Religion in Colonial America Throughout the colonial period with British North American settlement, the subjects of religion and economics often come hand-in-hand when associated with significance. Although economic concerns of development and exploration had its part in British settlement into the New World, religious entanglement, such as Puritan progression and The Great Awakening , played a bigger role in the rise of the American colonies. The flee for religious freedom and organization based on religion in a colony outweigh the concerns for economics. The American colonies valued their religion, as well as making it the most valuable part of their lives.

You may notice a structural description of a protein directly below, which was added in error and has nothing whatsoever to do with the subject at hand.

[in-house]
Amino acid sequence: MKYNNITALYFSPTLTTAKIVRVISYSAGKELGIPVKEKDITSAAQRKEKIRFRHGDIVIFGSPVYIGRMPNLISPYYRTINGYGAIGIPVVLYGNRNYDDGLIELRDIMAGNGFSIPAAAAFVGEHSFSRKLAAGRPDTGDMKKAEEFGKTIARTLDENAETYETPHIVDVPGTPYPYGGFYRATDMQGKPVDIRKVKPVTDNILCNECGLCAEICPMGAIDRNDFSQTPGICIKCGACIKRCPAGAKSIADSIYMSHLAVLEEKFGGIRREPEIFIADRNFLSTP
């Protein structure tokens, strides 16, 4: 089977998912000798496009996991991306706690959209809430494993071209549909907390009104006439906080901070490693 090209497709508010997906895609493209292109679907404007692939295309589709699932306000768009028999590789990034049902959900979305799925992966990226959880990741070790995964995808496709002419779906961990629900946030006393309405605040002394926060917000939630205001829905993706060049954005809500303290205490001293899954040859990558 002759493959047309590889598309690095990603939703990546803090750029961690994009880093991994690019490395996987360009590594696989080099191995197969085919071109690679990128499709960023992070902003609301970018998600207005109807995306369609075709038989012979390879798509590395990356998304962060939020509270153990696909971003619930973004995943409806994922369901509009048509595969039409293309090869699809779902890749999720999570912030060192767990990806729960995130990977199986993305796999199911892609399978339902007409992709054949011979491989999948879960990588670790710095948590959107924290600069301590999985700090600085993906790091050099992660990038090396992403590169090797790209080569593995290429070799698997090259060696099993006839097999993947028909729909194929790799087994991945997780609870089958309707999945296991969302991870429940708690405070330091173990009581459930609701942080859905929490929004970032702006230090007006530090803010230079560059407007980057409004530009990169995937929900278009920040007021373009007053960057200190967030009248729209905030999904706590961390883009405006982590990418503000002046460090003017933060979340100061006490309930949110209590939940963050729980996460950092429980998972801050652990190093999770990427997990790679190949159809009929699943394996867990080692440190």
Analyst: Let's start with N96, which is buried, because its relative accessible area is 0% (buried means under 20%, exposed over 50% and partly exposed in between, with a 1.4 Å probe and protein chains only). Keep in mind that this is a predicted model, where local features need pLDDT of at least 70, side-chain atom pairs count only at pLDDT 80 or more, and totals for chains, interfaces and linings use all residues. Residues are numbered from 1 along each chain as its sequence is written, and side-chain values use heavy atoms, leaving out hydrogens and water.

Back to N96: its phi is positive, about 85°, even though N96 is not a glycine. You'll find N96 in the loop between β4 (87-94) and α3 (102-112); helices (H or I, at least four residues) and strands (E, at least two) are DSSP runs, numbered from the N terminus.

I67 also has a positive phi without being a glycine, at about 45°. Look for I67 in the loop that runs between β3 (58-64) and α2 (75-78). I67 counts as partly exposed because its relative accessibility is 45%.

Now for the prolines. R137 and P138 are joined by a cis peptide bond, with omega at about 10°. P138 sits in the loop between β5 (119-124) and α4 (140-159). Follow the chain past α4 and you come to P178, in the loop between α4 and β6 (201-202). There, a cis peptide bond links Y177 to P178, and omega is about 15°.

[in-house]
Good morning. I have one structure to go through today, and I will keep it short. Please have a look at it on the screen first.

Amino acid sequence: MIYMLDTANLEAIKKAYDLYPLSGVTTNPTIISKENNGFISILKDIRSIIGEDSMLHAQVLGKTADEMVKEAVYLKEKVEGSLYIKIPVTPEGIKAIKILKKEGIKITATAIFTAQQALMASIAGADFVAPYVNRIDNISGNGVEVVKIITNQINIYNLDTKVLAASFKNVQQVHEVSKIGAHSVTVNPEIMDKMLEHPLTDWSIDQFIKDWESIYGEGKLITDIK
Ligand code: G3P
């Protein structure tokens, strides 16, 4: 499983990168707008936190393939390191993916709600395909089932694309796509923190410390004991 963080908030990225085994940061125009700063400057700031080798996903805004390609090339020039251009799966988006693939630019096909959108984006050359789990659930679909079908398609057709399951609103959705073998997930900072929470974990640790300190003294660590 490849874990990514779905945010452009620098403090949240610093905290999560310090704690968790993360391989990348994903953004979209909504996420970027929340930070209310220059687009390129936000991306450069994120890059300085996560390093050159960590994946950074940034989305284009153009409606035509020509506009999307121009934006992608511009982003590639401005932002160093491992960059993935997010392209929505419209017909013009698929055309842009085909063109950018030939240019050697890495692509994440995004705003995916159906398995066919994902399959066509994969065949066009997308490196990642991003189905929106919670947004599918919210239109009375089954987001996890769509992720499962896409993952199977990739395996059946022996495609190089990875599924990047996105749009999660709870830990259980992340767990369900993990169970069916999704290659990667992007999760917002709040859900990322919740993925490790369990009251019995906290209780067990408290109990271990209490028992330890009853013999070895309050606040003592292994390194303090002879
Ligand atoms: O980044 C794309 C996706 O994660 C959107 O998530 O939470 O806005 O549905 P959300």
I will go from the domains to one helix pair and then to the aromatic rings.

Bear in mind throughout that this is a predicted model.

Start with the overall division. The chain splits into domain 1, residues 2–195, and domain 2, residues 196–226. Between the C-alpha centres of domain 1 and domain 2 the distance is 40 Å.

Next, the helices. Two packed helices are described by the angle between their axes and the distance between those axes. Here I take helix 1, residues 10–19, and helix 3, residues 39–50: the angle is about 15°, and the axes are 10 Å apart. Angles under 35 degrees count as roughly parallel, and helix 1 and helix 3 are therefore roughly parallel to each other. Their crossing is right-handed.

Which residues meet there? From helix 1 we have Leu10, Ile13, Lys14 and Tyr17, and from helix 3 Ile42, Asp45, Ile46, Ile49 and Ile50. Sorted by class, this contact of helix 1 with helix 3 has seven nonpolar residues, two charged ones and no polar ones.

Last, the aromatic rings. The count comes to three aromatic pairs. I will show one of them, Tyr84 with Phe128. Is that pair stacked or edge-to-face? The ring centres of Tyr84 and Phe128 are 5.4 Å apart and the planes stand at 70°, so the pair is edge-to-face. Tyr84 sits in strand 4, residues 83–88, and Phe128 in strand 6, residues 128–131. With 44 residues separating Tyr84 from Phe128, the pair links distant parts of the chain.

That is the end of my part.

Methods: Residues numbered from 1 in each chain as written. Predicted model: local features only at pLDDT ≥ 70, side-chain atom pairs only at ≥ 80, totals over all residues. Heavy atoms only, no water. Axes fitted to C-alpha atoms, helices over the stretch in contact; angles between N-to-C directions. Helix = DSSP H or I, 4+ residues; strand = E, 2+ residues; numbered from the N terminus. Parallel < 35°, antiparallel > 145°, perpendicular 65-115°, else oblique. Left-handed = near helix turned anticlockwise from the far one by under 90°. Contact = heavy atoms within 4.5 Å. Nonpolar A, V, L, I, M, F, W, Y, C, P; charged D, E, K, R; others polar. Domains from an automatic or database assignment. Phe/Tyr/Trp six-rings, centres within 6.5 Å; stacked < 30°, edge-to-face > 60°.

In the early 1500’s certain Christians from different European nations went against the Roman authority of the pope. Religious wars/conflicts, competition, and the Protestant Reformation all contributed to a religious motive for exploration and colonization into North America. Many British immigrants came to the new world not only looking for wealth, but for a religious freedom and structured society. This pull factor created a foundation for religion in the new colonies many people fled the home country to avoid religious persecution and inferiority. Furthermore, Puritans, who colonized the Massachusetts Bay Colony in 1629, sought to create an empire of religious tolerance. Under John Winthrop, the religious group taught the new colony that the people should provide a whole world a model of Christian society ought to be, as in “A City upon a Hill”. The groups of people who wanted to separate from the church of England or go against the Roman catholic Pope went to the New World solely for religious freedoms, creating a religious superiority put into their new location. Immigration into America was by far dominated by groups of people avoiding the oppression and persecution faced by royal and religious leaders in their homeland; religious refuge provided